Simon Li Fook-sean GBM (Chinese: 李福善; 19 April 1922 – 26 February 2013) was a Hong Kong senior judge and politician.
Simon Li Fook-sean
|Acting Chief Justice of the Supreme Court of Hong Kong|
|Appointed by||Sir Edward Youde|
|Preceded by||Denys Roberts|
|Succeeded by||Denys Roberts|
|Born||19 April 1922|
|Died||26 February 2013 (aged 90)|
|Spouse||Marie Veronica Lillian Yang|
|Alma mater||King's College|
University of Hong Kong
University College London
Education and judiciary careerEdit
Li was educated at the King's College between 1937 and 1941 and then the University of Hong Kong. He also spent time studying on the Mainland China. He studied law at the University College London from 1947 to 1950 and was called to Lincoln's Inn Bar in London in 1951. He also received the honoris causa degree of Doctor of Laws from the Chinese University of Hong Kong conferred on him in 1986.
He returned to Hong Kong and became a crown counsel in Hong Kong's Legal Department in 1953. He became the judge of the District Court in 1963. Li was the first Chinese judge to be appointed to the High Court in 1971 and was elevated to Justice of Appeal in 1980. He was the first Chinese to be appointed to the Vice-President of the Court of Appeal in 1984. In 1986 he became the first Hong Kong Chinese to act as Chief Justice for the then Chief Justice Denys Roberts. He retired in 1987 at the age of 64 as the colony's most senior Chinese judge.
After the Sino-British Joint Declaration was signed in 1984 which determined that Hong Kong's sovereignty to People's Republic of China in 1997, Li was appointed to the Independent Monitoring Team on the Assessment Office to monitor the acceptability of the Sino-British Draft Agreement. He subsequently was appointed by the Beijing government to many positions during the transition period. He was a member of the Hong Kong Basic Law Drafting Committee, a Hong Kong Affairs Adviser, and deputy director of the preliminary working committee of the Preparatory Committee for the Hong Kong Special Administrative Region.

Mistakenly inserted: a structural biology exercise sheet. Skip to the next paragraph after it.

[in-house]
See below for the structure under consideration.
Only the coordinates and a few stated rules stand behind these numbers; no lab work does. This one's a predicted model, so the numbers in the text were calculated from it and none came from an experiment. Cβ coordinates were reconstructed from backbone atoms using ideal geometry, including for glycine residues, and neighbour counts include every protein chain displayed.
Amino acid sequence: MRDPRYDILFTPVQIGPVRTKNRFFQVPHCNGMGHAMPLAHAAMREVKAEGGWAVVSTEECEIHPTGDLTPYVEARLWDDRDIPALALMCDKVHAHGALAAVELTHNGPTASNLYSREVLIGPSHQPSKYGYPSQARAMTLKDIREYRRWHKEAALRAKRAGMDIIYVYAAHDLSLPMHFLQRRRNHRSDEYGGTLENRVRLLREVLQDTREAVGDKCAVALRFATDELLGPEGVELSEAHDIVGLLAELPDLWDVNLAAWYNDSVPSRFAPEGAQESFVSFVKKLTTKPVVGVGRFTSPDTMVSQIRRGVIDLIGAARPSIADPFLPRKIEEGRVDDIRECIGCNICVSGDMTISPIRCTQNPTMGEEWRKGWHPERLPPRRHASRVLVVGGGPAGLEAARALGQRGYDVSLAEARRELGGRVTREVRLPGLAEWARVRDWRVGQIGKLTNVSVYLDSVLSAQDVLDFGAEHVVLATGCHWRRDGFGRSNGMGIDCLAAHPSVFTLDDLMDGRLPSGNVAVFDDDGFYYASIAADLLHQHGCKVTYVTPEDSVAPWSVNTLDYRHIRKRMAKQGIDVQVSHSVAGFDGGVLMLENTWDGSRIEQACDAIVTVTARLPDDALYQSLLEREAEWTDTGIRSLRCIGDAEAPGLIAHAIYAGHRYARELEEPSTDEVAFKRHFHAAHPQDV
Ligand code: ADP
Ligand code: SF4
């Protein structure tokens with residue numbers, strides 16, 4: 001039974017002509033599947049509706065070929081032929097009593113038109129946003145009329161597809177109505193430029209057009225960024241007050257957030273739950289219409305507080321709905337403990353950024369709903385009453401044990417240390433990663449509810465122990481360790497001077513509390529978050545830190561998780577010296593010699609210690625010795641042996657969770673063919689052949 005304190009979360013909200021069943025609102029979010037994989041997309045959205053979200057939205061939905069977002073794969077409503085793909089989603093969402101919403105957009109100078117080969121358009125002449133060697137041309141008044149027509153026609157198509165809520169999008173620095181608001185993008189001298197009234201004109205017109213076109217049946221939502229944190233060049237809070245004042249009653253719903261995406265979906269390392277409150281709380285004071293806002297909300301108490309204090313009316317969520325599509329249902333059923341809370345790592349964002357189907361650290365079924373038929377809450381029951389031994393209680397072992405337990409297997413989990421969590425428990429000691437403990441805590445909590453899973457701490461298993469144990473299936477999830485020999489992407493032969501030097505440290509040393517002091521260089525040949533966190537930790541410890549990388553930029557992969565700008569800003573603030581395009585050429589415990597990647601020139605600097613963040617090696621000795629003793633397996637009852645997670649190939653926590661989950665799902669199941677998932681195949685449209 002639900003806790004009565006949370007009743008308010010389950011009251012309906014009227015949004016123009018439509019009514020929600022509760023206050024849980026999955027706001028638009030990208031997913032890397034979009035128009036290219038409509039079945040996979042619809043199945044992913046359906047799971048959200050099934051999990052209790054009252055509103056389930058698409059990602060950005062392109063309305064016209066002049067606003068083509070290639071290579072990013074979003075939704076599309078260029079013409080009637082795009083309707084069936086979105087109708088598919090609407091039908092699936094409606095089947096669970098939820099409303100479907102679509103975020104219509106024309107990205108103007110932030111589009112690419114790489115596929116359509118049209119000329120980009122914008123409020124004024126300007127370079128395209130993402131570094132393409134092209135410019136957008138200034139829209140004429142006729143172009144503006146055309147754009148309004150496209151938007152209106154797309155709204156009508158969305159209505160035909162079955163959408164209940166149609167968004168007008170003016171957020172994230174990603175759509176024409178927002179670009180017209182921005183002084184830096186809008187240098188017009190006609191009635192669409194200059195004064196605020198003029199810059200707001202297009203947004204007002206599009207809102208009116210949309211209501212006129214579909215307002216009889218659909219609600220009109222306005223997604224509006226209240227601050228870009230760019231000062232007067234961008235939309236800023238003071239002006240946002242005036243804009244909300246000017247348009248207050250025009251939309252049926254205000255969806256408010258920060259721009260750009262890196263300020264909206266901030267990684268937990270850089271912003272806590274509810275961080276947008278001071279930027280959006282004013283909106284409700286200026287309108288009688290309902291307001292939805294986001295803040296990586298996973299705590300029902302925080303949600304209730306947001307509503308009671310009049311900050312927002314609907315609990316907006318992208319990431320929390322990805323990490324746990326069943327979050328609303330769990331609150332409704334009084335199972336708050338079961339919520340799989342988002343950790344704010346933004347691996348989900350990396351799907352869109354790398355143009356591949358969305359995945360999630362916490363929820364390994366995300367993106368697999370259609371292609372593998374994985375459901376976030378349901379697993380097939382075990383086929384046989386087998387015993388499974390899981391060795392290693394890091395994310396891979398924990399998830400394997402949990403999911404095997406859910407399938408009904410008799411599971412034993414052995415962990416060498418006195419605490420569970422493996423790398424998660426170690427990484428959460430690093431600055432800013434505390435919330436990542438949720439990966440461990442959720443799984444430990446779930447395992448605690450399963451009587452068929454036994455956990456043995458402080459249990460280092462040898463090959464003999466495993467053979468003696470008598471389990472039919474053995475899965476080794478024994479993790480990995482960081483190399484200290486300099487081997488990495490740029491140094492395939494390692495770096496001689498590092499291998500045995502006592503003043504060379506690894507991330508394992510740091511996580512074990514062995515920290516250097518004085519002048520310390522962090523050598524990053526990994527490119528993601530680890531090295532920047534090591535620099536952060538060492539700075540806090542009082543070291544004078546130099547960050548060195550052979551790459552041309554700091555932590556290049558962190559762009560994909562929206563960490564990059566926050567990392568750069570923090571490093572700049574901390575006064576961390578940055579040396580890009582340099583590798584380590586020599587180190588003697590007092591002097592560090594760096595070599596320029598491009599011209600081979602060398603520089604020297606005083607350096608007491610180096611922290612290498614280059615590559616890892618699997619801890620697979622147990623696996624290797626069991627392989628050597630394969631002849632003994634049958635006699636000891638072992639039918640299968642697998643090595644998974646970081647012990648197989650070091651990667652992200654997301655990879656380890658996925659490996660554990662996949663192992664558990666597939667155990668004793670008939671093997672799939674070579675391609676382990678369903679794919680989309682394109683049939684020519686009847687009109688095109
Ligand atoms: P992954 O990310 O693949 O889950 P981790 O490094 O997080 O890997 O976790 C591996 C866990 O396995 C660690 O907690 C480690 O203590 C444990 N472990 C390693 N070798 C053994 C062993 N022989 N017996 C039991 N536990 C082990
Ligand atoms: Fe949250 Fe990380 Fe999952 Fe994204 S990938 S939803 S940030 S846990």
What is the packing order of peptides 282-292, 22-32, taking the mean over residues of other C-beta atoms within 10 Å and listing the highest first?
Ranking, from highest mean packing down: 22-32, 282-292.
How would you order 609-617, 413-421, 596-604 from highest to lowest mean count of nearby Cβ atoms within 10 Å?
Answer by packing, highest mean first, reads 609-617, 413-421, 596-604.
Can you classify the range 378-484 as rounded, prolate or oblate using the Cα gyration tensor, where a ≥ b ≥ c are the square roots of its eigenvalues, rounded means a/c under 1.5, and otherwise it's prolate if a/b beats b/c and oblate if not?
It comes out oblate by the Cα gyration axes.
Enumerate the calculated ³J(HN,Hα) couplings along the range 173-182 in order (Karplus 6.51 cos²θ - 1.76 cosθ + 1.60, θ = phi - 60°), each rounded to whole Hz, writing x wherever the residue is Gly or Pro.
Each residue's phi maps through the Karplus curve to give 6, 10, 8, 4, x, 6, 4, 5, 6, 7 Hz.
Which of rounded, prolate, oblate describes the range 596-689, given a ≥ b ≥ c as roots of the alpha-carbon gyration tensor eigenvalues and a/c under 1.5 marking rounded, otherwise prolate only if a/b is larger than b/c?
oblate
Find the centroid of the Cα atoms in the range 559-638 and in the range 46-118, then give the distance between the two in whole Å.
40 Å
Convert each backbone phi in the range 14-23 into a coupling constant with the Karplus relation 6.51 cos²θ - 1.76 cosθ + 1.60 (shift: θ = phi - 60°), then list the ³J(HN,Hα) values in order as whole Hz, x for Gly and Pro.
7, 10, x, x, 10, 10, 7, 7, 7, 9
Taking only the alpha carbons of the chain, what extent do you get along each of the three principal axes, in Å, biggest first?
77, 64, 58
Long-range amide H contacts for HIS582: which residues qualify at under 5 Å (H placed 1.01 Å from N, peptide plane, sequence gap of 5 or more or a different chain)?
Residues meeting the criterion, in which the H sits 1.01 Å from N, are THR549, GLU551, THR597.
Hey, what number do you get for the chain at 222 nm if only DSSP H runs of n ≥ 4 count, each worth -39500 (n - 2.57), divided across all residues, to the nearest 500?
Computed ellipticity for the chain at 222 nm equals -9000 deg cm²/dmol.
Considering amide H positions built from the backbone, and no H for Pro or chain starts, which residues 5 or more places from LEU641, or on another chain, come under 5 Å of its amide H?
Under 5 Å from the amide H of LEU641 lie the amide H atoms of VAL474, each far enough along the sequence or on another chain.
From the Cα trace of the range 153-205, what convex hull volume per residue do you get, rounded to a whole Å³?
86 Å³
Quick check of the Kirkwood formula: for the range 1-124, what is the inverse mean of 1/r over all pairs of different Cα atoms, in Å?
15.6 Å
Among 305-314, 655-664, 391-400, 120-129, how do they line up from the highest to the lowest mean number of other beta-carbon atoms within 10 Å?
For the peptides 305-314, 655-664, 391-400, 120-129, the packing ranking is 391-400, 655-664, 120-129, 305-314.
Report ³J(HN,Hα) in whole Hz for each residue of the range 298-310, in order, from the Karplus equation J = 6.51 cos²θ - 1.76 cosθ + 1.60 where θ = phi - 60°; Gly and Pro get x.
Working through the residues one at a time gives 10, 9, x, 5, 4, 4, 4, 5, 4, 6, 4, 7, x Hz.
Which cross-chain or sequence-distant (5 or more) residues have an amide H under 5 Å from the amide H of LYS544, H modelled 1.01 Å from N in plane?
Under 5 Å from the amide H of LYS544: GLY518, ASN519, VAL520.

In the 1996 First Hong Kong Chief Executive election, Li campaigned against Yang Ti-liang, who succeeded Denys Robert as Chief Justice; Peter Woo, tycoon and son-in-law of Y. K. Pao, and the eventual winner Tung Chee-hwa. Li initially supported Lo Tak-shing for the Chief Executive race. After Lo withdrew, Li announced his own candidacy and became the last of the four to join the race. Li failed to get enough nominations, receiving just 43 votes, and was eliminated in the election. Tung won a landslide victory in the election by the 400-member Selection Committee orchestrated by the Beijing government. In 1997, Li received Hong Kong's highest honour, the Grand Bauhinia Medal.
Li also held numerous positions including the vice-chairperson of Fu Hong Society, honorary steward of the Hong Kong Jockey Club, director of his family owned Bank of East Asia, director of King's College Old Boys' Association School Board, director of Rev. Joseph Carra Education Fund, council member of the Society for Rehabilitation, honorary president of the Scout Association of Hong Kong, chairman of the Insurance Claims Complaints Board, and director and chairman of the Widow and Orphan Pension Board.
He also established the Mr Li Koon Chun Memorial Fund and the Dr Simon Li Fook Sean and Madam Yang Yen Ying Fund for supporting the finances of the Chinese University of Hong Kong.
Death and familyEdit
Li suffered from ill health and was sent to hospital with a chronic respiration problem in about 2012. He died of heart failure at the Hong Kong Sanatorium and Hospital surrounded by his family on 26 February 2013 at the age of 91.
His brother Ronald Li Fook-shiu was the chairman of the Hong Kong Stock Exchange and was jailed for corruption in 1991. His nephews include former Legislative Councillor David Li Kwok-po, the Bank of East Asia chairman and Arthur Li Kwok-cheung, deputy chairman at the bank, former Secretary for Education and former Dean of the Faculty of Medicine at the Chinese University of Hong Kong.
Simon Li had four sons and one daughter. His second son Joseph Li died suddenly in Britain in 1995. His only daughter Gladys Li was the ex-chairwoman of the Hong Kong Bar Association and member of the Civic Party. She also represented the domestic helpers in the Vallejos v. Commissioner of Registration.
- ^ a b c d e f g h Moy, Patsy (28 February 2013). "Obituary: Simon Li, the trailblazing judge who took on Tung Chee-hwa". South China Morning Post.
- ^ a b "Dr the Honourable Simon Li Fook Sean". Chinese University of Hong Kong.
- ^ Cheng, Joseph Y. S. (1997). The Other Hong Kong Report 1997. Chinese University Press. p. 41.
- ^ "David Li's family has a history of success - and controversy".